Hope, Iridology and the Japanese Art of Self-reflection

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    Hope, Human and Wild: True Stories of Living Lightly on the Earth, by Bill McKibben (Milkweed Editions, 2007) $15.
    In the face of global warming and rapidly increasing world poverty, engineers offer token solutions like solar cars and windmills that maintain both our comfort and economic growth rate. Instead, Bill McKibben advocates for a sustainable future by becoming a "civilization living closer to the limits set by its place." But can we as Westerners addicted to our convenience, variety and spacious, isolated houses really change? Won’t change plummet us into poverty and ignorance? McKibben searched the globe and returned with proof that change does not necessarily mean destruction and hardship, instead it simply means different. Far beyond the American environmental "successes" of increased recycling and declining smoking rates, McKibben details two communities that have completely shifted their psychology (their beliefs about their society and about what is possible) and found that they lead better lives with less "stuff." In just 75 years Kerla, India, has transformed from a "caste-ridden colonial outpost" to boasting 100 percent literacy and vaccination rate, as well as more women than men who are in college. Curitiba, Brazil, altered its plans to revitalize by building superhighways and now boasts the world’s best bus system (which actually turns a profit), and radical solutions to a number of municipal problems such as a flock of municipal sheep that keep the grass trimmed in the city’s plethora of parks. Weaving together social history, city planning, and demographic analysis with the intrigue of a travel journal, McKibben presents the realistic possibility of a world where "growth" is a curse word and hope dominates fear in both the human and natural world.

    Practical Iridology: Using Your Eyes to Pinpoint Your Health Risks and Your Particular Path to Wellbeing, by Peter Jackson-Main (Carroll and Brown Publishers, 2004) $22.95.
    The eyes are the window to the soul, but did you know that they are also a window into your physical health? Through examining the colored portion of the eyes, iridology offers an effective means to prevent and treat disease. Although your irides display 10 times more uniqueness than your fingerprints when used for security identification, numerous symptoms and diseases present consistent patterns in the iris. Using a mirror and flashlight, inspect your irides for color and shape imbalances. Brown spots located anywhere in the iris may indicate issues with the liver or colon, while orange spots may speak of pancreatic problems. Overall pigmentation also reveals a great deal about a person’s health. Blue-eyed children suffer from a higher rate of ear infections and sore throats than other children and therefore should avoid mucous-forming foods, whereas people with brown eyes experience a higher tendency toward diabetes and therefore should avoid sugar. Those with the mixed eye color of green or hazel often endure digestive problems and benefit from food combining. After comparing your eyes to the large, brilliantly colored photographs of irides in Practical Iridology, you may fear that you are falling apart. Please remember, however, that the assessment of the iris remains but one piece of the puzzle, and it must be combined with your symptoms (if any), lifestyle and medical history. If you do find problems that are substantiated by your symptoms, luckily Practical Iridology details methods to restore your health and balance through strengthening and detoxifying your system.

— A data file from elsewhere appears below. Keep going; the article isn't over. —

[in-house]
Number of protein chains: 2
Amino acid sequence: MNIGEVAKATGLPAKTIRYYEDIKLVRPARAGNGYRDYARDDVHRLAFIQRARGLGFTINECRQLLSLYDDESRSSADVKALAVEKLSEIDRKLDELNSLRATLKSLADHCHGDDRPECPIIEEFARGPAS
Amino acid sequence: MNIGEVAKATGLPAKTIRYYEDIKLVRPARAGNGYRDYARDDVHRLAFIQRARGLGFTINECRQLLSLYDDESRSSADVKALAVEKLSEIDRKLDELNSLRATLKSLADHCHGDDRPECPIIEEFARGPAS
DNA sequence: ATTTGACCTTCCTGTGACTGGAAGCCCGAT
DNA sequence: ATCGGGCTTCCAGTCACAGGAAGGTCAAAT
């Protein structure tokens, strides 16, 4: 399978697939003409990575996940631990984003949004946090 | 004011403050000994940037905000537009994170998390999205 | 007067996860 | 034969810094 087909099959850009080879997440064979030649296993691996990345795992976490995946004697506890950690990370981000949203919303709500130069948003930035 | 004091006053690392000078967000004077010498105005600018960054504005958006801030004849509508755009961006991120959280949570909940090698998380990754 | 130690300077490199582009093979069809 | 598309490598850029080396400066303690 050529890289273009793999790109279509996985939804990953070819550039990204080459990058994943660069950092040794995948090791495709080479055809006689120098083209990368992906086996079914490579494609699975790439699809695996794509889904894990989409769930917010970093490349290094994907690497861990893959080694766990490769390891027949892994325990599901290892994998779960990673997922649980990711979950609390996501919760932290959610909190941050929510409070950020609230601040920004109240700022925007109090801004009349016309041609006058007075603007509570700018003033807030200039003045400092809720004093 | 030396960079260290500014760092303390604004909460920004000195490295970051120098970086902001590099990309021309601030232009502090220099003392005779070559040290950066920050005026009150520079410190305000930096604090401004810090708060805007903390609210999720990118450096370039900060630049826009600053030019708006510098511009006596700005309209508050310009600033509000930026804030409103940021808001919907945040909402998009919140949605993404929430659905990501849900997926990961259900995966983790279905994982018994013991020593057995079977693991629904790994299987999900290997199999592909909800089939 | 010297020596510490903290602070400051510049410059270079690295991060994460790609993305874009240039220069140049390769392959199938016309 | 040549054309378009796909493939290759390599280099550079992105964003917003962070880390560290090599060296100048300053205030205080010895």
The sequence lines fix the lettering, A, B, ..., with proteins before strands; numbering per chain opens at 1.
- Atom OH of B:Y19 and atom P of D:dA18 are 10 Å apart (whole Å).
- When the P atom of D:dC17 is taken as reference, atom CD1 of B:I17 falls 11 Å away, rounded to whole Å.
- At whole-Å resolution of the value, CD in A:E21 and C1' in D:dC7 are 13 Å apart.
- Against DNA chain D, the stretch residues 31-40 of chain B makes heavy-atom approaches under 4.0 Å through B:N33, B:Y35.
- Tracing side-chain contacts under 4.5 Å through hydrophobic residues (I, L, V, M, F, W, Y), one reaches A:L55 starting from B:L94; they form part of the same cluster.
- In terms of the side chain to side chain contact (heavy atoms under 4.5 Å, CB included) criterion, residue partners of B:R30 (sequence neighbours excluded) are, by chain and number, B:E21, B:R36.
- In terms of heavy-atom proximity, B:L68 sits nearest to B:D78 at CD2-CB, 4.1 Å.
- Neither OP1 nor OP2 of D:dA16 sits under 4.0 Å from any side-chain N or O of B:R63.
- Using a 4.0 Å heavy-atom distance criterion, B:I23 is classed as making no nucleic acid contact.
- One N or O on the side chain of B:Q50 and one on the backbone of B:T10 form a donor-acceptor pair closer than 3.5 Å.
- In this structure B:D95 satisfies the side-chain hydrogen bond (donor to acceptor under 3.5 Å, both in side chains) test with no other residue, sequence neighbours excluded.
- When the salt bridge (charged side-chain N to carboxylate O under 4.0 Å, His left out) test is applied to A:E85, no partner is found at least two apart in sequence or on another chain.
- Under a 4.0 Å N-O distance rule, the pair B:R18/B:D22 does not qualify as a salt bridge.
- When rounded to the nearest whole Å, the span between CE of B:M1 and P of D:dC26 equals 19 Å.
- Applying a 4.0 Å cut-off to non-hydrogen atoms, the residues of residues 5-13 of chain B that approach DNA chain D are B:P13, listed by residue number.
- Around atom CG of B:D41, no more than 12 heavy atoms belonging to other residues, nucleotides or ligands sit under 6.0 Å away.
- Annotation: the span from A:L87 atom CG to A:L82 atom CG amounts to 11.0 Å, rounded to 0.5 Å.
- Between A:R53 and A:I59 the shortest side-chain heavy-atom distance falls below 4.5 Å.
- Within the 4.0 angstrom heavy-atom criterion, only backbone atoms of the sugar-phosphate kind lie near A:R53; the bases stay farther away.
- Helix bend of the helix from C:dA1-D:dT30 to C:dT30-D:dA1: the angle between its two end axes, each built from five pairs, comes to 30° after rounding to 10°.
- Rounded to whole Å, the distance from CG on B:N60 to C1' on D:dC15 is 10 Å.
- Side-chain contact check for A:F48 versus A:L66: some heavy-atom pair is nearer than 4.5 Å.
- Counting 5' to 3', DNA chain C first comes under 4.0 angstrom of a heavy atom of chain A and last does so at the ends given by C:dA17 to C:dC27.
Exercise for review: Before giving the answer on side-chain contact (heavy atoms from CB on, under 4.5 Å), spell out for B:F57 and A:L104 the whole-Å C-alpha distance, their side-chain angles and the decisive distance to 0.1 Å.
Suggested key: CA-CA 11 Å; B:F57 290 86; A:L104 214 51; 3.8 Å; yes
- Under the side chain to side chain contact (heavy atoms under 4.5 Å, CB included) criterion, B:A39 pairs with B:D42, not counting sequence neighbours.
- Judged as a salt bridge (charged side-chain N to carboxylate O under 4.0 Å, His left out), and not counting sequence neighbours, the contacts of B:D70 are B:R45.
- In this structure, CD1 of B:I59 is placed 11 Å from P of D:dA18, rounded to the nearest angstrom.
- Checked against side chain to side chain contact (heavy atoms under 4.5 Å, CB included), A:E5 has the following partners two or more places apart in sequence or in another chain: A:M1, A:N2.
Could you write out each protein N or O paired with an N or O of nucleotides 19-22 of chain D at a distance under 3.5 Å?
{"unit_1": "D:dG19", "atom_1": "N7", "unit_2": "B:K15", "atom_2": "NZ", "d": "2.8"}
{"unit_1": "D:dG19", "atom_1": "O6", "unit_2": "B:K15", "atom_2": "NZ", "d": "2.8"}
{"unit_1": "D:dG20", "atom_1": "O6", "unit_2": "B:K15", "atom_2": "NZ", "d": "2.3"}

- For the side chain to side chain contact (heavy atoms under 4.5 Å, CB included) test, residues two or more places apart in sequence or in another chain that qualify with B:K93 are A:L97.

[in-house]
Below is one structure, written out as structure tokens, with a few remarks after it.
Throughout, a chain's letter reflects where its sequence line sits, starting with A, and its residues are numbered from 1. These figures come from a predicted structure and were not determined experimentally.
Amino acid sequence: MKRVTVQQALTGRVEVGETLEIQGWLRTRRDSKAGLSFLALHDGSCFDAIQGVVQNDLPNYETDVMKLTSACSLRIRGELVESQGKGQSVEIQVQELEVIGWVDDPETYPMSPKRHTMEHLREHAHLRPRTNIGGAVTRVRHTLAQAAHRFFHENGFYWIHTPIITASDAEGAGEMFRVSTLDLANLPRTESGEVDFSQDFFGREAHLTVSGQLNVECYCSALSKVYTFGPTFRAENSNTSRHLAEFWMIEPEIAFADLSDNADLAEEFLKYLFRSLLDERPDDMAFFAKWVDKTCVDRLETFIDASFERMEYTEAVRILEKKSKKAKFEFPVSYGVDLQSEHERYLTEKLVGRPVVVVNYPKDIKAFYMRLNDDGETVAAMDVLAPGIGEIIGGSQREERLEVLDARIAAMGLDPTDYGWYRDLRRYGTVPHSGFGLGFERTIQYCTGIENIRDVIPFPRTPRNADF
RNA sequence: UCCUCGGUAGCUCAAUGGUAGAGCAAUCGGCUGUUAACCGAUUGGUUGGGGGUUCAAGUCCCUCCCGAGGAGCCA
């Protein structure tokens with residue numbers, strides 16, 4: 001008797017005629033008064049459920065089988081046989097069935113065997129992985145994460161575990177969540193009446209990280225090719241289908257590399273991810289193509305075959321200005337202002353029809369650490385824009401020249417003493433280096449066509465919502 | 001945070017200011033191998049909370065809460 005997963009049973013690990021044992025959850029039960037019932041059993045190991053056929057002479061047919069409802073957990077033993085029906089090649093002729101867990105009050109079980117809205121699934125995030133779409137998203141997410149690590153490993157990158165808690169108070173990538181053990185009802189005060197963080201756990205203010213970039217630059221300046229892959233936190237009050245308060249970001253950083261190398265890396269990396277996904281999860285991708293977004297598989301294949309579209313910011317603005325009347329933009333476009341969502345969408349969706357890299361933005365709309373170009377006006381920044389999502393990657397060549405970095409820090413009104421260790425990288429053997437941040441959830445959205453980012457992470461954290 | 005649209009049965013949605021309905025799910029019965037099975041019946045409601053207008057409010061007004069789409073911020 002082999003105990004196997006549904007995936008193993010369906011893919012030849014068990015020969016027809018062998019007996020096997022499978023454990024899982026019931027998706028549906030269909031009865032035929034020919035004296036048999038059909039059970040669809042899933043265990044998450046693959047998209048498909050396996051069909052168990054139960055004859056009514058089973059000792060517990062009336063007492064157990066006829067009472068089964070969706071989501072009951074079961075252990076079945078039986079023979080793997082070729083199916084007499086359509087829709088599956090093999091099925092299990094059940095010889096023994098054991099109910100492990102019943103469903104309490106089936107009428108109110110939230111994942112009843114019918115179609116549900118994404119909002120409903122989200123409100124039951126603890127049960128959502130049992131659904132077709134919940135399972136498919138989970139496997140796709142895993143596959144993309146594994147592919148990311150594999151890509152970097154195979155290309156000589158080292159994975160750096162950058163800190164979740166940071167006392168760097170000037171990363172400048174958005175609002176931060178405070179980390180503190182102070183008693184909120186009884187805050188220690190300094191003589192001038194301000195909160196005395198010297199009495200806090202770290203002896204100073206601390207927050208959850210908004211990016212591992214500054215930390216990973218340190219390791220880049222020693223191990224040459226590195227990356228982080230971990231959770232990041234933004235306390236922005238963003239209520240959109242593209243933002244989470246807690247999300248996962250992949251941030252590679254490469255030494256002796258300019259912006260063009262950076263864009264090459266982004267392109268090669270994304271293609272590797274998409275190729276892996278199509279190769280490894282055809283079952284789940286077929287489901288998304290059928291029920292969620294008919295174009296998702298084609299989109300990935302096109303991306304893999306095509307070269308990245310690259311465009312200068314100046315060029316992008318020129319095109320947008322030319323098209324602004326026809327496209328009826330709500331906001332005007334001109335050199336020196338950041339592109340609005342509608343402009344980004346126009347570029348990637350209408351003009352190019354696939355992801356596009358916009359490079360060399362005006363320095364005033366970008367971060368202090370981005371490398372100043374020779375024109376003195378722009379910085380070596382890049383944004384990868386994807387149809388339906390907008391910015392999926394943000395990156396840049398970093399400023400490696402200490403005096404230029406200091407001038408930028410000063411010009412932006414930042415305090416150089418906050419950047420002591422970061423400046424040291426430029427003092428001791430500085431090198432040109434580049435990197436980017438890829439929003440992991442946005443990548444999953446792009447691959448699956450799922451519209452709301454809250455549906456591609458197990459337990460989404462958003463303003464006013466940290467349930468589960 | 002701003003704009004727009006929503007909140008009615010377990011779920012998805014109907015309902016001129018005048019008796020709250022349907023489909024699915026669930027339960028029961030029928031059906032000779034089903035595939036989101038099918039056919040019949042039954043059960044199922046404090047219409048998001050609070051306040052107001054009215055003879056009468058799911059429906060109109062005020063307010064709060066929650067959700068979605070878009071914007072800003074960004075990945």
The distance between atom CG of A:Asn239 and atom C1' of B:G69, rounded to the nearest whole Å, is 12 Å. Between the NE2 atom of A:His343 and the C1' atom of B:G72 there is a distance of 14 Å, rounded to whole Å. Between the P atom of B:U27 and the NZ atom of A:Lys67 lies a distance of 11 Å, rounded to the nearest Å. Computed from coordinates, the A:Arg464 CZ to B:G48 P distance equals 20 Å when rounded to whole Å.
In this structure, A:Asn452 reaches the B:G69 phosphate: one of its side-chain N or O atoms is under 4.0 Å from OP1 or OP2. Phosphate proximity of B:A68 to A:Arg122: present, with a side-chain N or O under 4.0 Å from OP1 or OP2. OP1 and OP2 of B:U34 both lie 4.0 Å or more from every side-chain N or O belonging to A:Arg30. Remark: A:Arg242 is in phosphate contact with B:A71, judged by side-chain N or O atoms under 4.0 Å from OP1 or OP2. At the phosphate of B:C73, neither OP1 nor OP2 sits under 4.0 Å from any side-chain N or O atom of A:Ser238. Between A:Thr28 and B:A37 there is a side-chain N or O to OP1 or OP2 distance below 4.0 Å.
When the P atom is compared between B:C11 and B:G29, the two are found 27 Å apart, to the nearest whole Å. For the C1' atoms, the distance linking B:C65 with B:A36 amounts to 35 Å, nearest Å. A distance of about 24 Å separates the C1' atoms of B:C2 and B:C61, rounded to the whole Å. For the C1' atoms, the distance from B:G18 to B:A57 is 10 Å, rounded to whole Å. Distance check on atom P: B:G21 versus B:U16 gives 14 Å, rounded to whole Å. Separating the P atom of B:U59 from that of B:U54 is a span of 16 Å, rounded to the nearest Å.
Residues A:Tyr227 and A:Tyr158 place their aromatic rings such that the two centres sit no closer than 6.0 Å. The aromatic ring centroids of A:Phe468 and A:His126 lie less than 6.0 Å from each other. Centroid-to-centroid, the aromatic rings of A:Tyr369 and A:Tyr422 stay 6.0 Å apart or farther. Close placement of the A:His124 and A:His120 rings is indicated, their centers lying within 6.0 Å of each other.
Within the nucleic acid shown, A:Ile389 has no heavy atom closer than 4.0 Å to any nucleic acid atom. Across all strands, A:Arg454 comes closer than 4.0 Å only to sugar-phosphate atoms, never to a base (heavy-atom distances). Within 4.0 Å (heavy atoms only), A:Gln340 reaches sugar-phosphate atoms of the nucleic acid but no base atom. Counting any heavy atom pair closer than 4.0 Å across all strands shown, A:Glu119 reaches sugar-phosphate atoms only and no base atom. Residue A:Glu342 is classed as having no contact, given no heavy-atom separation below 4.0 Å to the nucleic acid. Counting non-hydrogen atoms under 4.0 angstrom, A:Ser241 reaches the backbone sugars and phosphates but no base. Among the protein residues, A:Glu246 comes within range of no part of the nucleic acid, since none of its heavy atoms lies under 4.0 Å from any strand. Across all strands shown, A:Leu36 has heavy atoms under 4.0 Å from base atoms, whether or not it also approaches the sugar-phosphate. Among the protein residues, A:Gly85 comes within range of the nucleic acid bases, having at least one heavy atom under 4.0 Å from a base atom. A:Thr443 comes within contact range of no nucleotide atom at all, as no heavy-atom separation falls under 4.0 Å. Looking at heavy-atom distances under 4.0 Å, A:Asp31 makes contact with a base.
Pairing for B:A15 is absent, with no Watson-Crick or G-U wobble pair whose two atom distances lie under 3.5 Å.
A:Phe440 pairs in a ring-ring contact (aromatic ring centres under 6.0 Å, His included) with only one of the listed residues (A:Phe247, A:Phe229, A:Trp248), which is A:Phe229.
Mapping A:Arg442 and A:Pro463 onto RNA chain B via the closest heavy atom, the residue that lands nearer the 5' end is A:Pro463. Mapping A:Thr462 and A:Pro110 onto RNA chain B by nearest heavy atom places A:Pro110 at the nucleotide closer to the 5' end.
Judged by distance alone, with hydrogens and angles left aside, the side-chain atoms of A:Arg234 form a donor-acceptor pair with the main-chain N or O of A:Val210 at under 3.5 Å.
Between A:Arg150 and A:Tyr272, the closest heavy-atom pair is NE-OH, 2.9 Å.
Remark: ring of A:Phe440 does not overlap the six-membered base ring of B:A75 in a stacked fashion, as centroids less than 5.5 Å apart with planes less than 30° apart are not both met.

Naikan: Gratitude, Grace and the Japanese Art of Self-Reflection, Vol. 1, by Gregg Krech (Stone Bridge Press, 2002), $14.95.
    By exposing what was once hidden, the practice of Naikan widens the appearance of the landscape, making the view extraordinary. This deceptively simple structure for self-reflection brings to light what is all around you. It reveals the service you have received from others, whether it be the windows that keep the cold out or the post person who delivers the mail. It unveils the service you have given to others, whether it be watering the houseplants or making a friend a cup of tea. It also lays open the troubles you have caused others by leaving phone calls unreturned or frightening a squirrel when driving. Suddenly the topography of life takes on a whole new shape. Used in Japan at dozens of retreat centers, as well as for a variety of uses from mental health counseling to enhancing business practices, Naikan is based on three questions that provide the foundation for examining your life, your actions and your relationships. Instead of using reflection to revisit how you have been hurt and mistreated by others, as is often the case in Western mental health practices, Naikan asks you to focus on how you have been cared for and supported. The result is an enhanced appreciation of life. What part did you play in the incredibly complex process that allows a pizza to be delivered to your home? From the farmer who grew the wheat to the manufacturer of the ovens, to the delivery person who risked her life in traffic to bring warm food to your door, did you adequately express your gratitude for their services? Daily practice of Nailkan, whether though a nightly reflection, journaling or active expression of gratitude, will show you the true role you play in your own life and the wealth of support that you receive from others.

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